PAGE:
The design for the flag came from a collaboration between Coca-Cola and Brazilian street artist Speto and Argentinian arist Tec. Upon completion and the painting was put on canvas, it was digitized then delivered to Robert Silvers, CEO of Runway Technology and the inventor of Photomosaic technology.
All of whom are featured in this behind the scenes video of the making of the flag.
The Backstory & More
Those who know me know I am always one prone to big deeper, to try and find out more about a given story. Well sit back and get ready for more.
I had to chance to speak with Neil Bedwell, Director, Global Digital Strategy & Content, The Coca-Cola Company about this particular campaign and few more “global” topics, if you will.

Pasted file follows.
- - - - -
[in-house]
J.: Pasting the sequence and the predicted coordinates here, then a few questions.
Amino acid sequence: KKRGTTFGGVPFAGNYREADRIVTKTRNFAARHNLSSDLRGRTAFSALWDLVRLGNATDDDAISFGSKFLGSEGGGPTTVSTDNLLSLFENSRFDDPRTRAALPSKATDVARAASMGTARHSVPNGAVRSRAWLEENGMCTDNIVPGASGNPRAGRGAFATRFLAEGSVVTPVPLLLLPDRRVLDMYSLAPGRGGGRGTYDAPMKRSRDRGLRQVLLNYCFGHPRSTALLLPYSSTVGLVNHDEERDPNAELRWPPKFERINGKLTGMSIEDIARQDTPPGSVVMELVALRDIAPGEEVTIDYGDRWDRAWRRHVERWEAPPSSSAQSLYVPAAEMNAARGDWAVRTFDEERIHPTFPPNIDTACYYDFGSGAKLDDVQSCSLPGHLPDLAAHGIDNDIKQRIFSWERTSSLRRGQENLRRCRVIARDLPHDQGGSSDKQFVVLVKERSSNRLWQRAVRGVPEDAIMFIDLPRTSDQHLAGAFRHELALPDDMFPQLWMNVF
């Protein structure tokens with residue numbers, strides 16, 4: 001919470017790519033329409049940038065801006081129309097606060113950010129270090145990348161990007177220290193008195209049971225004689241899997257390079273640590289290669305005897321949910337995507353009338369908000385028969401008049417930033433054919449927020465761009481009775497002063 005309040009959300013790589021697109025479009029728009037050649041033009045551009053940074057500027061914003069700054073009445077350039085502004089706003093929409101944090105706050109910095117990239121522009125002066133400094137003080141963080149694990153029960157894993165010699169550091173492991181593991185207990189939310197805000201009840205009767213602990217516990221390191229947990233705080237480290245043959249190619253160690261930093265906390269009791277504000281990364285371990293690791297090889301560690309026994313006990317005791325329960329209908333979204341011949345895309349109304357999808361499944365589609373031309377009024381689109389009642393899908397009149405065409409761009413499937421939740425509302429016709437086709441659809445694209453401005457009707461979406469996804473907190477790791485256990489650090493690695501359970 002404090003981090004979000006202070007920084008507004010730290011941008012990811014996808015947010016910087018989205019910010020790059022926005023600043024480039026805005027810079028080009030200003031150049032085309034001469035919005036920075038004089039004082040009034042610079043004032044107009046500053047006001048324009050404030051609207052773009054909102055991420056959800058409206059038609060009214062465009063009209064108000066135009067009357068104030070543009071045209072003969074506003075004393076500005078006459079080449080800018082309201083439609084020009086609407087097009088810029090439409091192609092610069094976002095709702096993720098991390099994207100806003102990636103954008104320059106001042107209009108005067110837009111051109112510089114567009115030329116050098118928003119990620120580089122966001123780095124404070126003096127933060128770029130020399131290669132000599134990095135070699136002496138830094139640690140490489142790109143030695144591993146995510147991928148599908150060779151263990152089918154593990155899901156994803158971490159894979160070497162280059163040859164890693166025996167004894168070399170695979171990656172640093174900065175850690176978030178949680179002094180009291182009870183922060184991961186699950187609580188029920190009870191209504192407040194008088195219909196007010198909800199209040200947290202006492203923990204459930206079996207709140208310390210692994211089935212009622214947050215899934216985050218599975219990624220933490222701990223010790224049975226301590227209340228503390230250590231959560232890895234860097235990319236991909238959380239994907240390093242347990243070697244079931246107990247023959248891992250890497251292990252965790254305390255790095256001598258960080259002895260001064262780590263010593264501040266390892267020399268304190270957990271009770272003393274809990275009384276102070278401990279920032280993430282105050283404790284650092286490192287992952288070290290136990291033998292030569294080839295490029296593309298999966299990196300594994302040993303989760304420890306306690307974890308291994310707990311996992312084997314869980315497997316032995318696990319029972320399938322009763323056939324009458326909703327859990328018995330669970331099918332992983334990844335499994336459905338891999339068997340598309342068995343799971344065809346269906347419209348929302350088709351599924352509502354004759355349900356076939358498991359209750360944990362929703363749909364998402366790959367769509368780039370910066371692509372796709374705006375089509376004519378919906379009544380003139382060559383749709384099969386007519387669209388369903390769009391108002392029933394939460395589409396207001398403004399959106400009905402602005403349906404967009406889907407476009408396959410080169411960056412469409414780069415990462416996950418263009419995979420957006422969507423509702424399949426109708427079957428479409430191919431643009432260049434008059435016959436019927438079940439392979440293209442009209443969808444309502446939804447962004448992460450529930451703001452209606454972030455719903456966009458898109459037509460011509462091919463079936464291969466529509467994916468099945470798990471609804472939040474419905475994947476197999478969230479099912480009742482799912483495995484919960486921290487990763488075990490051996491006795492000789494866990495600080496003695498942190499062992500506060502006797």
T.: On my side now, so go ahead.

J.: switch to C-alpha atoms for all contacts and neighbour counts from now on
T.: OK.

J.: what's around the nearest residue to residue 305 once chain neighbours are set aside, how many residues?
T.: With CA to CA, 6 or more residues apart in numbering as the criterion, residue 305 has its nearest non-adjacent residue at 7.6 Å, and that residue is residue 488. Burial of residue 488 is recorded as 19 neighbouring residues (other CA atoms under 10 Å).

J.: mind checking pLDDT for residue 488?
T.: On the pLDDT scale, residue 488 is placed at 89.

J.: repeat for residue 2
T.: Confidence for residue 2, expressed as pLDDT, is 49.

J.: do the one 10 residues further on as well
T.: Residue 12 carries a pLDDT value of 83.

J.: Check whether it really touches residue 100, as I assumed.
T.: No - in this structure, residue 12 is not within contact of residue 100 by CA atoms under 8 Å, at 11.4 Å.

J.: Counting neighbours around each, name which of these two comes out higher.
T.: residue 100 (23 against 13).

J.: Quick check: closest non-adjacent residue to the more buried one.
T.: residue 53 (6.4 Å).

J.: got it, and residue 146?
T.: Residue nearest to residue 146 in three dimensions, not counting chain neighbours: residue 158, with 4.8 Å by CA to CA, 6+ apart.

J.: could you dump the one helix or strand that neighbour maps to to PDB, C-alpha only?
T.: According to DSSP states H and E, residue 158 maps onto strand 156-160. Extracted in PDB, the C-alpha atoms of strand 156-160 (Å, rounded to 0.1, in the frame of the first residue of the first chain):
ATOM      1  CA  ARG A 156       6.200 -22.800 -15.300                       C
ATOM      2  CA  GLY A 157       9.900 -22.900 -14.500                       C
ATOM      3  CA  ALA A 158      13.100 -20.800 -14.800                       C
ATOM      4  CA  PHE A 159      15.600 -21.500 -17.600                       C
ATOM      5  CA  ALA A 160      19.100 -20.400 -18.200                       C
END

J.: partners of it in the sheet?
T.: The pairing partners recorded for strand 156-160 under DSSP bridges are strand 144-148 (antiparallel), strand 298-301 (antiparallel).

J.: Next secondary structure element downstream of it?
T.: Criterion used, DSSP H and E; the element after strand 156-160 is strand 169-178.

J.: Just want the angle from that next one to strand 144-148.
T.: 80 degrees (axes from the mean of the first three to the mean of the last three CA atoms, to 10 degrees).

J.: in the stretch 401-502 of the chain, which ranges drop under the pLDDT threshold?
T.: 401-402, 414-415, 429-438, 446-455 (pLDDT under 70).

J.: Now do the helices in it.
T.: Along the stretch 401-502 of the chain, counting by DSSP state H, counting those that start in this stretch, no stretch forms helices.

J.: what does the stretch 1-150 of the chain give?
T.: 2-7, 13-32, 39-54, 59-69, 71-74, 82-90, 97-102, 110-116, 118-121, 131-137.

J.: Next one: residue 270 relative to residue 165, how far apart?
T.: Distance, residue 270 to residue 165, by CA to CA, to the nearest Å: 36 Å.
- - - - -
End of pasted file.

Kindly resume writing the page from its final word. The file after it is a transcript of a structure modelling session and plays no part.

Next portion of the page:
Steve Olenski: How did this project come about?
Neil Bedwell: When we began work on our campaign for the 2014 FIFA World Cup, we got really excited about this concept of ‘The World’s Cup’. The ‘s is the most important part – the idea that wherever you live, whoever you support, you’re invited to celebrate the 2014 FIFA World Cup in Brazil with Coca-Cola. ‘The World’s Cup’ celebrates the inclusive spirit shared by Coca-Cola, football and the tournament’s host country, Brazil. We knew we couldn’t make a claim like ‘The World’s Cup’ without proving it. The Happiness Flag – the world’s largest digitally produced Photomosaic, measuring 3,015 square meters laid out over the pitch in Sao Paolo before the opening game of the FIFA World Cup combined with a multi-platform digital approach to submission makes for a compelling proof point for ‘The World’s Cup’.